10, 20, and 30 3-6 by Morim Kang: B+

102030-310, 20, and 30 is a charming manhwa about three women, each in a different decade of life. Krumb is a widowed mother in her thirties; Rok, in her late teens, is Krumb’s daughter; and Belle, in her twenties, is Krumb’s niece and Rok’s cousin. As volume three begins, they’ve recently moved out of the spacious house that Krumb’s husband built and into an affordable-to-maintain apartment. Krumb has recently recovered from an illness, leading Rok to want to take on more of the caretaker role in the family. Meanwhile, Belle is spending most of her time doing nothing but loafing around and dreaming of possible careers without actually taking any steps toward making them happen.

Time is equally divided between the characters, and they all have their own plots involving personal growth. Krumb returns to work and must contend with a more demanding position, Rok is somewhat resentful of her mother’s fragility and 102030-4strives to be more independent, and Belle is still trying to figure out what she wants to do with herself. Each also has a man in her life with some mystery attached: Krumb’s boss proposed to her then disappeared on a trip to Hong Kong, Belle is being wooed by a financial consultant with a scheming (and shrewish) girlfriend, and Rok has unwittingly become an object of obsession for a teacher at the art institute where she has enrolled in a class.

Because there are so many plots going on at once, the story tends to cut between them quickly and frequently, which can take a bit of getting used to. They also frequently intertwine, often in ways that show the characters in their best light. For example, Belle, who is often selfish and annoying and who might be fairly intolerable if the protagonist of the piece, shows what a good person she can be as she protects Rok from her creepy stalker or fights to wrest Krumb’s investments out of the grasp of the corrupt financier (once she figures out his game). In general, all of the characters look after each other and a feeling of warmth presides.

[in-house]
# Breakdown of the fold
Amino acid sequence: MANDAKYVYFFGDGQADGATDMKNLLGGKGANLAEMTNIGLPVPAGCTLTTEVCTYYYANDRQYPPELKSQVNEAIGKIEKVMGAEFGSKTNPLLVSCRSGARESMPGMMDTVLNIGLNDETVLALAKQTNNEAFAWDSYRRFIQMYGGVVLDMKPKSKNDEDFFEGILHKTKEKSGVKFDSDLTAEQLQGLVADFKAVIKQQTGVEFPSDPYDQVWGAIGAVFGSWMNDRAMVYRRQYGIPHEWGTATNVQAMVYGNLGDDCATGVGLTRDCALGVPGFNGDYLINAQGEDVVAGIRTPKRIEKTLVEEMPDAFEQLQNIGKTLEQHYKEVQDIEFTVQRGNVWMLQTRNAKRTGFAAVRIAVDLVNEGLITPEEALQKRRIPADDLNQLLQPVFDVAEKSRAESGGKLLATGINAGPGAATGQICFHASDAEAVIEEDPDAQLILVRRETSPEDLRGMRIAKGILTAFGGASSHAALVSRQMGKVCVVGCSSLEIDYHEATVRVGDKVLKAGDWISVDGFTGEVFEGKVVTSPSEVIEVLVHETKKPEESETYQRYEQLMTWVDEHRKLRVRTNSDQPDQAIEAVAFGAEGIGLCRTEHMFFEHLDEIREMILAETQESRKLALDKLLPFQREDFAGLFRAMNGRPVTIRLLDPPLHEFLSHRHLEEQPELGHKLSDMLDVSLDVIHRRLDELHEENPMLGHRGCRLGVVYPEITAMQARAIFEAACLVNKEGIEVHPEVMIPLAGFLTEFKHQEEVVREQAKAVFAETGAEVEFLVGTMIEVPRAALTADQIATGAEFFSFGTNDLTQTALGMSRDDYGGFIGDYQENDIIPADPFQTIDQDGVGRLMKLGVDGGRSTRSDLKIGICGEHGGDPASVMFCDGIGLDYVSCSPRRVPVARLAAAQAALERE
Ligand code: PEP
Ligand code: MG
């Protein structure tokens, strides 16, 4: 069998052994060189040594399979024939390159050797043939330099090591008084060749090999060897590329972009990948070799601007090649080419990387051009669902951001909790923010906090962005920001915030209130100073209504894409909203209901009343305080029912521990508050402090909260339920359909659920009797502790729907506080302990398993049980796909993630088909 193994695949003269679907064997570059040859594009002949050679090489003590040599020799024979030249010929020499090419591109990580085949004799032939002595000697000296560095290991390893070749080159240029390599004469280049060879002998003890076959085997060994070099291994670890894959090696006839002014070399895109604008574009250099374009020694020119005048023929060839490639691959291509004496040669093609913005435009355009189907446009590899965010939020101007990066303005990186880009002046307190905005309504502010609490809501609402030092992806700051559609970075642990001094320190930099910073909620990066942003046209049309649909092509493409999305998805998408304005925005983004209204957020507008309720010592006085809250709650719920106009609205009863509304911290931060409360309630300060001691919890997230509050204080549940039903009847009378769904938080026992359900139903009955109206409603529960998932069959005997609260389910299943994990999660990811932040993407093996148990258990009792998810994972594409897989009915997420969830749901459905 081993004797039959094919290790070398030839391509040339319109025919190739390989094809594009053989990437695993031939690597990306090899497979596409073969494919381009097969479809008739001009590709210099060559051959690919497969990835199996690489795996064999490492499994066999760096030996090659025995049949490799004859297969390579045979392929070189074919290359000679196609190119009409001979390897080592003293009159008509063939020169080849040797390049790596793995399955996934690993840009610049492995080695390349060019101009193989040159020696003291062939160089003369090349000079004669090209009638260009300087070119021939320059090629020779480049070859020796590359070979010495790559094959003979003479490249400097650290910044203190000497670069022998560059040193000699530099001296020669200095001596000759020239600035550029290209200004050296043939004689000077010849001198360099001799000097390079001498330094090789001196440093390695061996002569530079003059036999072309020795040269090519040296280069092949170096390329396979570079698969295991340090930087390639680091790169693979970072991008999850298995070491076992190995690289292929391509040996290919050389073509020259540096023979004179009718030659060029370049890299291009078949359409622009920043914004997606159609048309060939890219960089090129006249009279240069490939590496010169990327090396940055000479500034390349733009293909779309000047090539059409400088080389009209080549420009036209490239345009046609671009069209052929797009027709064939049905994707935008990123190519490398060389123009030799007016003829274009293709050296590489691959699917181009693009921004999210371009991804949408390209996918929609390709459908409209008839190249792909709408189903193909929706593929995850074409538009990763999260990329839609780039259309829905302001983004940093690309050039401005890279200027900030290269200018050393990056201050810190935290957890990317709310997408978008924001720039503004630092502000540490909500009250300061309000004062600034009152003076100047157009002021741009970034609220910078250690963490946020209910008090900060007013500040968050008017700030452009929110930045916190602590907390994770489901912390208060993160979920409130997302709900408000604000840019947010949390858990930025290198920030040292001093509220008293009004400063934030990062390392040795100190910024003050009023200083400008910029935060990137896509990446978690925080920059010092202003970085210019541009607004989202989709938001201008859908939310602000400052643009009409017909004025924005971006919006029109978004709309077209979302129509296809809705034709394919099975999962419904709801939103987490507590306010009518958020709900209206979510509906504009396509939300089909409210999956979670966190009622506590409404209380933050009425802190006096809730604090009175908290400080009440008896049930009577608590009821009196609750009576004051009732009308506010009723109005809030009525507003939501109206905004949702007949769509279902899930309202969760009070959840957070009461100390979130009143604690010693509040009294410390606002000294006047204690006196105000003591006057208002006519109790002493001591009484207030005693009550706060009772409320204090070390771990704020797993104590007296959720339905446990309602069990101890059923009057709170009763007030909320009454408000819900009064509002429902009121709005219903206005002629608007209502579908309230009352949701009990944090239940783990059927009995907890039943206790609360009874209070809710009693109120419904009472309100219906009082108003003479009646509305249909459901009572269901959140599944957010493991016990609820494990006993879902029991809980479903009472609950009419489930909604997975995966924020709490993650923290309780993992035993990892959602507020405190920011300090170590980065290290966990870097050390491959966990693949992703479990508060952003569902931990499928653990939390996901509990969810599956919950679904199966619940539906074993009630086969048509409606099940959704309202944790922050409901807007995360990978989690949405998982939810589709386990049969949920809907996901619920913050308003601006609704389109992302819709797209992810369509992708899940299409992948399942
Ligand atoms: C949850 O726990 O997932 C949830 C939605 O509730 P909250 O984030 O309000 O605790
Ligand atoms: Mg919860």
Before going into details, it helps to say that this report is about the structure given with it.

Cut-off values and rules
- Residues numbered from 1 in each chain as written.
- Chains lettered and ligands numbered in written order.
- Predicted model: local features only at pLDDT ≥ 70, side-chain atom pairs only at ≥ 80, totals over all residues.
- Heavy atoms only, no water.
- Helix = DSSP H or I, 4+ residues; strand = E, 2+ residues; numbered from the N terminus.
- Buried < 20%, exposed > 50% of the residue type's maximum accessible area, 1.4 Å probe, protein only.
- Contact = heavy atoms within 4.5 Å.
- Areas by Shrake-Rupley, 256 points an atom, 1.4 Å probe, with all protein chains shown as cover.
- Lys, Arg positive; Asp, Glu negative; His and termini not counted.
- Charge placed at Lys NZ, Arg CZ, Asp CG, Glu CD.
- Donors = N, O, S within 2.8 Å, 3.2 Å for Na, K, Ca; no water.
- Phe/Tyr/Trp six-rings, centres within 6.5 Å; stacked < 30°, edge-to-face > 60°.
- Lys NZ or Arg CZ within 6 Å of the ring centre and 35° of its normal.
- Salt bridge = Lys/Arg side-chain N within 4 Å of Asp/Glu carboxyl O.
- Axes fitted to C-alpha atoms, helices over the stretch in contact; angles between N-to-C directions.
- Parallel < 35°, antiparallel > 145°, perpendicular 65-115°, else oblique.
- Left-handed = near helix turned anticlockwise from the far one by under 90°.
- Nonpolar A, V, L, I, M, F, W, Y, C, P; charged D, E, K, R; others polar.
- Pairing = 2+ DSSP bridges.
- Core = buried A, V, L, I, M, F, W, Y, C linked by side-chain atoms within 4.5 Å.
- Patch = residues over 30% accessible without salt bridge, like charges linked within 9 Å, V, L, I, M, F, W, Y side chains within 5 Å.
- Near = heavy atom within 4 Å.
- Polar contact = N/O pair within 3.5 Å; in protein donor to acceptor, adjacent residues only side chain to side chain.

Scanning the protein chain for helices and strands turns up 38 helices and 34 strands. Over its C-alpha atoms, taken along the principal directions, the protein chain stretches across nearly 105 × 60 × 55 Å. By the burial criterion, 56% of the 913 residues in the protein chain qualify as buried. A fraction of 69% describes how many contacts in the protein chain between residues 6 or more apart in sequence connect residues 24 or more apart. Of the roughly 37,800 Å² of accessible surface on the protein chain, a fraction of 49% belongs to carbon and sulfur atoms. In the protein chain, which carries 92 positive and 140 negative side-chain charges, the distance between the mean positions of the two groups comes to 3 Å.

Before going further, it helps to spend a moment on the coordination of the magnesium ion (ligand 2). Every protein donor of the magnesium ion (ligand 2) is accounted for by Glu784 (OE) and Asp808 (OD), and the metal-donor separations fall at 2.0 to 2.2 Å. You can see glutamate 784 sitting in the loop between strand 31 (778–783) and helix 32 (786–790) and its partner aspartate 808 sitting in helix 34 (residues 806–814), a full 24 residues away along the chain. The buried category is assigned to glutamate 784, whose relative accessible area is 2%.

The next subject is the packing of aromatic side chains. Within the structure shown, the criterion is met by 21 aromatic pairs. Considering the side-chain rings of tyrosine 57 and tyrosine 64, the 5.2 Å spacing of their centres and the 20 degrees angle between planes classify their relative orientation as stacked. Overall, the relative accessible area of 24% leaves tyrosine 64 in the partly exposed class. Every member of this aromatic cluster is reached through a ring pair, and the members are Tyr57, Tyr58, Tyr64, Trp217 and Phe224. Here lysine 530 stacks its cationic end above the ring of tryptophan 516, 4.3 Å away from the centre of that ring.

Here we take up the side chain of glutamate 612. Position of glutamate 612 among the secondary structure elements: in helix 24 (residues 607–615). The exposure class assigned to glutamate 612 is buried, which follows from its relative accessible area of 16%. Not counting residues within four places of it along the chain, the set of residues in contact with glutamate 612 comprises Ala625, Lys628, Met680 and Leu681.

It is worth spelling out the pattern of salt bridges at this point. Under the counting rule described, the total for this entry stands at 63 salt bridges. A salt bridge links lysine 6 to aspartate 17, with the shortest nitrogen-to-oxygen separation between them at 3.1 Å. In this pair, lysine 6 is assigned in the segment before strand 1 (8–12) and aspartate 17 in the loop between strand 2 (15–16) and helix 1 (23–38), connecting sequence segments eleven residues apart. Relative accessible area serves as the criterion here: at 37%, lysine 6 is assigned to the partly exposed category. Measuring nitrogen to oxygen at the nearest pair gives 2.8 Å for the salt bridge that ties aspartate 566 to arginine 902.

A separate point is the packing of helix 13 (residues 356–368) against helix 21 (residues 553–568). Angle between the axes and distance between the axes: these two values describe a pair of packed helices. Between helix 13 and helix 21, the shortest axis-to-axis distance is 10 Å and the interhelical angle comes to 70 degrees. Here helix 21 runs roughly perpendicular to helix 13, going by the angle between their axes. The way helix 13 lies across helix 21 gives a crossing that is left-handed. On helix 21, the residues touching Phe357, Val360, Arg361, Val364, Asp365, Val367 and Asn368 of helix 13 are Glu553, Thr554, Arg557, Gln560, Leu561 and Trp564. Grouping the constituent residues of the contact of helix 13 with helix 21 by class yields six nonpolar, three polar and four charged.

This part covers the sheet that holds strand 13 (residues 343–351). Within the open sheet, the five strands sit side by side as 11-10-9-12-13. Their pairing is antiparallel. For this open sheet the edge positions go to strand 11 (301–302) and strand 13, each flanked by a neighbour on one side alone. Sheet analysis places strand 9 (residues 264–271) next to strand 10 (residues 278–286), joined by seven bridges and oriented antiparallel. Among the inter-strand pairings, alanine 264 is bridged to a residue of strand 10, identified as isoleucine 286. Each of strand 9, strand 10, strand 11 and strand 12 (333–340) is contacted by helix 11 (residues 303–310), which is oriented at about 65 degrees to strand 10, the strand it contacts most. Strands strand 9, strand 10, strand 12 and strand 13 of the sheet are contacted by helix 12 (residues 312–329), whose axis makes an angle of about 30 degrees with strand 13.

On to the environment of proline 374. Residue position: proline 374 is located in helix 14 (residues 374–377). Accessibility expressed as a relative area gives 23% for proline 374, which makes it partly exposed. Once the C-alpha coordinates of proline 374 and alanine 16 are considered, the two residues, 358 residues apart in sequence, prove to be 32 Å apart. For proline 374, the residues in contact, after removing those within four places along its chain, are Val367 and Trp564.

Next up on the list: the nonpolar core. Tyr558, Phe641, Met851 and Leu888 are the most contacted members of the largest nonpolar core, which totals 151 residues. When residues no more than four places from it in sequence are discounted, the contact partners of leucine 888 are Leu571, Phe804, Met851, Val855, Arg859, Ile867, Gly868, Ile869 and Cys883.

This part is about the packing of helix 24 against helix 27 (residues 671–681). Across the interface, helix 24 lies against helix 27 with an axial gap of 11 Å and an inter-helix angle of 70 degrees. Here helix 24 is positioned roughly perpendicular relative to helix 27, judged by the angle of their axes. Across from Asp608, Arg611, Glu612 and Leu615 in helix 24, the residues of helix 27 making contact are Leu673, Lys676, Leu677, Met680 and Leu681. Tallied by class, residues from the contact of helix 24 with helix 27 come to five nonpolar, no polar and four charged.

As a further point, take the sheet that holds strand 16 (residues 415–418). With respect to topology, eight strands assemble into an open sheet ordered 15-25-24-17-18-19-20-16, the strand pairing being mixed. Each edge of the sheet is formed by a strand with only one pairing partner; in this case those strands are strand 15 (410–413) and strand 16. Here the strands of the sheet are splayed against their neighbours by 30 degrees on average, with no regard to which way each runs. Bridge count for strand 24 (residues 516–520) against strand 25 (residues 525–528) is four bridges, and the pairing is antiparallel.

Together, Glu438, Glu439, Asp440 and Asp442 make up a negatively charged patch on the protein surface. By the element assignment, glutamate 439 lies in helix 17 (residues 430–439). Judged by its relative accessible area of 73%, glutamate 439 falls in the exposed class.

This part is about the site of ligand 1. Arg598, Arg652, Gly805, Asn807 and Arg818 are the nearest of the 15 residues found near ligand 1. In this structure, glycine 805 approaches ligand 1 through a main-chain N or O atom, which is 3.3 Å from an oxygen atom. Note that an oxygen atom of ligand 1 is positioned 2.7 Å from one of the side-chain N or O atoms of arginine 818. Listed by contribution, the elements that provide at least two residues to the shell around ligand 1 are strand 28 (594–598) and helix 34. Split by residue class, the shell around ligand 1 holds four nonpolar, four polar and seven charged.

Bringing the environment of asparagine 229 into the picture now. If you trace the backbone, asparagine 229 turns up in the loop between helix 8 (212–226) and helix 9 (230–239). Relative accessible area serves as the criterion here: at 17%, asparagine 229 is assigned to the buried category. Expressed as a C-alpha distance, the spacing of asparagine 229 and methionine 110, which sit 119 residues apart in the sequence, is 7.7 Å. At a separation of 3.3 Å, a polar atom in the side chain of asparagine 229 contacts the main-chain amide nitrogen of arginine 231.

102030-5My one complaint with how the plots are handled is that the most dramatic moments themselves are never shown. In volume five, Krumb learns that her boss is alive but handicapped and goes to meet him. The meeting itself is not shown, and it’s not until a few chapters later, when she’s talking about it with her sister, that we actually glimpse anything of what went on with them. A similar thing happens in volume six: Belle answers the phone, says, “Mom? What’s wrong?”, and the next thing you know everyone’s talking about how her stepfather died and his will has been altered, et cetera. It’s a little frustrating, but I also love that the story focuses on what happens after the big drama has passed, as everyone tries to figure out what to do next to move on from the experience.

Art-wise, 10, 20, and 30 is not going to be everyone’s cup of tea. The style is simple, more like something you’d expect from a comic strip than a manhwa, but it does have moments when it’s quite attractive. Panel layout is strictly in the rectangle family, though at least it’s not the same rigid grid applied page after page. I do like how many chapters end on successive panels of each woman in a similar wistful 102030-6moment, like gazing out at the first snowfall of the year or enjoying a Christmas celebration in each other’s company.

As volume six concludes, the story is beginning to wrap up. Gradually, the women are beginning to grow. Krumb is starting to stand up more for what she wants, Belle has grown up a lot and finally seems to be taking some responsibility for her life, and Rok has noticed her mother’s renewed strength and become more accepting of her. There are a few things left to make the ending a truly satisfying one, though, so I’m eager to see what the seventh and final volume brings.

Review copies provided by the publisher.

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